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Samsung Properly Open-Sources exFAT File-System

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  • #11
    Originally posted by Krysto View Post
    Does this mean whoever uses this won't have to pay Microsoft for their own FAT patents anymore?
    I'm no lawyer so I can't be too sure, but I think the answer here is No. I think Microsoft exFAT's patents still apply even if there's an open source implementation of them in circulation. That's to say, if you use it, you're the one who is going to get sued by Microsoft, not Samsung.
    But then again, it's probably dependent on where you are in the world and how much of a legal team you can afford.

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    • #12
      Originally posted by Krysto View Post
      Does this mean whoever uses this won't have to pay Microsoft for their own FAT patents anymore?
      not everyone is american
      it's still legal to use a US software patent in the majority of countries without paying a penny to M$
      and for US citizens , the law does not sue particulars for private non-commercial use of patented technologies

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      • #13
        Originally posted by Krysto View Post
        Does this mean whoever uses this won't have to pay Microsoft for their own FAT patents anymore?
        Nope.
        Code license is about the code. Patent license is about what the code do.
        The two are completely separate.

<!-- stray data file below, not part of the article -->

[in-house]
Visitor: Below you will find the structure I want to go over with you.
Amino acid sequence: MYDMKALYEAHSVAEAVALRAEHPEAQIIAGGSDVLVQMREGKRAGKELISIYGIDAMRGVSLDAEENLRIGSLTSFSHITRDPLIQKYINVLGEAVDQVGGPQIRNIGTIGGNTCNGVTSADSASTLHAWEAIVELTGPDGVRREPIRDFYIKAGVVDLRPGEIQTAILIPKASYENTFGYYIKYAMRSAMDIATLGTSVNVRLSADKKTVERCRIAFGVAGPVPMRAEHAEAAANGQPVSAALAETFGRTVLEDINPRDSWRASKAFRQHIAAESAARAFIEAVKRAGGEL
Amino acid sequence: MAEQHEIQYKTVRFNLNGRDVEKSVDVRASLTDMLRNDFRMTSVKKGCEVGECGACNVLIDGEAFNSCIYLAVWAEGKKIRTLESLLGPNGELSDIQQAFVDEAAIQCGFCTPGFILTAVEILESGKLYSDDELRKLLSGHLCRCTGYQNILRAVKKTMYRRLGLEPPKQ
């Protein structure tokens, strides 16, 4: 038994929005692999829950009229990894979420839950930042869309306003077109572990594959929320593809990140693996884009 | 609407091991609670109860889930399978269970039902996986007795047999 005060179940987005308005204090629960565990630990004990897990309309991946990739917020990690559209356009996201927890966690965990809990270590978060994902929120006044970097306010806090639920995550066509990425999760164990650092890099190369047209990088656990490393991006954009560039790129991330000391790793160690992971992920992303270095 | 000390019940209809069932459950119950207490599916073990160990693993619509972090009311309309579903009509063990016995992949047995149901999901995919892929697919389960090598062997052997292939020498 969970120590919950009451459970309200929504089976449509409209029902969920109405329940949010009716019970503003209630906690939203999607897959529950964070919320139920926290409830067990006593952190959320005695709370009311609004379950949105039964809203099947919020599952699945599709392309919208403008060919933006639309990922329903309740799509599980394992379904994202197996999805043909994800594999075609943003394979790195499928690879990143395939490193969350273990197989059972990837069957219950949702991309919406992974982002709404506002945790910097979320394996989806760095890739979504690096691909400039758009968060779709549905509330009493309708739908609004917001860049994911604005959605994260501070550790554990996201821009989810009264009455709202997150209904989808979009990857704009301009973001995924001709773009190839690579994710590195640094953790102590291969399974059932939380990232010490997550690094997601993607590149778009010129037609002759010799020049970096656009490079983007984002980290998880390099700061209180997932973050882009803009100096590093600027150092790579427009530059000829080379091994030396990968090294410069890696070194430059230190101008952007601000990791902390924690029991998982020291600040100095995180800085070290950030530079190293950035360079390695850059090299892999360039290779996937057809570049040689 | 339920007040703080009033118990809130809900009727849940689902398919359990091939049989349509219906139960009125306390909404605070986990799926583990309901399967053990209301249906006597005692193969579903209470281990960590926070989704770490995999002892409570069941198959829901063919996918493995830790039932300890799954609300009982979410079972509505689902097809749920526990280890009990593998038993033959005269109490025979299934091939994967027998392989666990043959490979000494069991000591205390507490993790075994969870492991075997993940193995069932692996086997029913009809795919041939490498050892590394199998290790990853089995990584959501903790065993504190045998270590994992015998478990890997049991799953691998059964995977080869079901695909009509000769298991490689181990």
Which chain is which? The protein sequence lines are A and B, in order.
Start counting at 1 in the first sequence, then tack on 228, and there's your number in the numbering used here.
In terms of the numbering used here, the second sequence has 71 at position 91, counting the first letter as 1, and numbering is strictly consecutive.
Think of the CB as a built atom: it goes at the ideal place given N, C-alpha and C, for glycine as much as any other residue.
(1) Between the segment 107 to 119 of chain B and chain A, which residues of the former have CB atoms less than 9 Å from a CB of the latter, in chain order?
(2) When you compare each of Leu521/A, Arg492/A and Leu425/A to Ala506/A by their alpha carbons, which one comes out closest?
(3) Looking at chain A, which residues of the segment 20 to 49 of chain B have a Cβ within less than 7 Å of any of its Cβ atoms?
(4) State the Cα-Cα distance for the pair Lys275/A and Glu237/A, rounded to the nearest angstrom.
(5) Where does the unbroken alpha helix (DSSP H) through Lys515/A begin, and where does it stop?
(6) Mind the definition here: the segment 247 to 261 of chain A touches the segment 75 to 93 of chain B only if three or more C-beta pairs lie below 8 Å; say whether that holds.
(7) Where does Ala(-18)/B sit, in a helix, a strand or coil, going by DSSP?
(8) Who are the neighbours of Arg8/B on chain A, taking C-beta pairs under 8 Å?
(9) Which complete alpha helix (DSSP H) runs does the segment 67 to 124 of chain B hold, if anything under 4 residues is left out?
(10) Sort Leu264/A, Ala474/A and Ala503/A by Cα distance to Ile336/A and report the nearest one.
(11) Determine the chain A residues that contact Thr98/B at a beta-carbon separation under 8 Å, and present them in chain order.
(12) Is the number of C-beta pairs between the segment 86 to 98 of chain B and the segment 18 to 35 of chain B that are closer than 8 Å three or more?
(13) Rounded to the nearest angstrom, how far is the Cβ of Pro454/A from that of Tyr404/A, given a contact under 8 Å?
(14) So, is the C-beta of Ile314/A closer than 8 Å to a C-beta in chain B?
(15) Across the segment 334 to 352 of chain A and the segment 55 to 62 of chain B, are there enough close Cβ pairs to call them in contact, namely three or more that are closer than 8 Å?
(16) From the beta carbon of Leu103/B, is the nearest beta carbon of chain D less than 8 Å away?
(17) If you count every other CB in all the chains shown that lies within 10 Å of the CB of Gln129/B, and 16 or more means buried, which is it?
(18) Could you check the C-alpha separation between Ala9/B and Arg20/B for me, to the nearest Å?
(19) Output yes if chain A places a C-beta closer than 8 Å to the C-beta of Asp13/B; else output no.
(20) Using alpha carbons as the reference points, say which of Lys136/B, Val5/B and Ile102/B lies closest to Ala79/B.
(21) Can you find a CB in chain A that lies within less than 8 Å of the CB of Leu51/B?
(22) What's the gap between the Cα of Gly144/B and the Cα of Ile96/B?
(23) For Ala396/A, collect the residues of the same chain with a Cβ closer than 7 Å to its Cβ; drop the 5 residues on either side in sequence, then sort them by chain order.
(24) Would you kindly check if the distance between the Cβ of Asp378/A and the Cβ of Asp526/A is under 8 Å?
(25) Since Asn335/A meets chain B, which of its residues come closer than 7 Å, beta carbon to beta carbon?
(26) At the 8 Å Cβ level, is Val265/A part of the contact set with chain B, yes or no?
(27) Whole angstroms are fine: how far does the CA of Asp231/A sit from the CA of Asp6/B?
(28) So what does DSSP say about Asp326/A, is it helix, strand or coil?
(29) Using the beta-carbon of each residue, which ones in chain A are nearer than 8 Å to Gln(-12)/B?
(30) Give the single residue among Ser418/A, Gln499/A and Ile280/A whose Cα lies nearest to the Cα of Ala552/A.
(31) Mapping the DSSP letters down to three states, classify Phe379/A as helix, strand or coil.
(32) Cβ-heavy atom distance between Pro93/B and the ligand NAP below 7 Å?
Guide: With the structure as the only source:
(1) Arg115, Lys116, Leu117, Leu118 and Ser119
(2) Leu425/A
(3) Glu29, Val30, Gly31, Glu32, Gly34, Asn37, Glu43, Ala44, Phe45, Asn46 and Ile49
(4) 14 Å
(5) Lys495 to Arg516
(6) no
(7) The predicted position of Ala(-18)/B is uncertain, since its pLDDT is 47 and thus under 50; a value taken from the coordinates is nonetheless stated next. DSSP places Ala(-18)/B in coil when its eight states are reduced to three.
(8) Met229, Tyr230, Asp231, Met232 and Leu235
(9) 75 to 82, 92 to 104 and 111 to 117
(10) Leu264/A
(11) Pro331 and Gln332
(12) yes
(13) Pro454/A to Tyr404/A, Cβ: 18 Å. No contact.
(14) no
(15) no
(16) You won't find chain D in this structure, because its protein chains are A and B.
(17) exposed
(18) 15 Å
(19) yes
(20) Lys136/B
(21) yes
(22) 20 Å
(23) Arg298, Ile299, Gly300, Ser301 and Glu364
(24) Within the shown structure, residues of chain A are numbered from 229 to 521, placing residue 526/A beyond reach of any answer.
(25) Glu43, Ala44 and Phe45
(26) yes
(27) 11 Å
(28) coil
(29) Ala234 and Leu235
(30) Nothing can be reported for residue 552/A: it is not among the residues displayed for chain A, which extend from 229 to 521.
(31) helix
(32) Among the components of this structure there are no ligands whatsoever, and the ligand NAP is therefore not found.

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        • #14
          Fuck Microsoft, and their patents. It is wrong to patent something like a filesystem in the first place, to hinder interoperability with free software. Especially since it's not especially innovative, it's of poorer quality than FAT32. It supports larger volumes, larger file sizes and has some arbitrary limits removed, but has very poor fault tolerance. (not even any backup copies of the file allocation table)

          I blame the corrupt American patent system every bit as much as Microsoft and I have absolutely no sympathy for their imaginary property.

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          • #15
            Originally posted by Krysto View Post
            Does this mean whoever uses this won't have to pay Microsoft for their own FAT patents anymore?
            This means if you are on countries without software patents, you can legally use it. Anywhere else, you can use it, as long as you don't get caught.

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            • #16
              No one cares about exFAT anyway. I'll use F2FS on my USB thumbsticks in the future. Until then I'll just use FAT32.

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              • #17
                Sofware patents are not valid in most countries, ignore them

                Originally posted by Krysto View Post
                Does this mean whoever uses this won't have to pay Microsoft for their own FAT patents anymore?
                The answer to this one is simple: host the code and binaries ONLY in countries that don't recognize software patents. Create a "restricted driver" that has to be added by end users, who already ignore patents for things like mp3, H264, etc. Any Linux user needed ExFAT probably also needs ffmpeg or avconv, only institutional users in places like the US need to be bothered with paying for "legal" Fluendo codecs.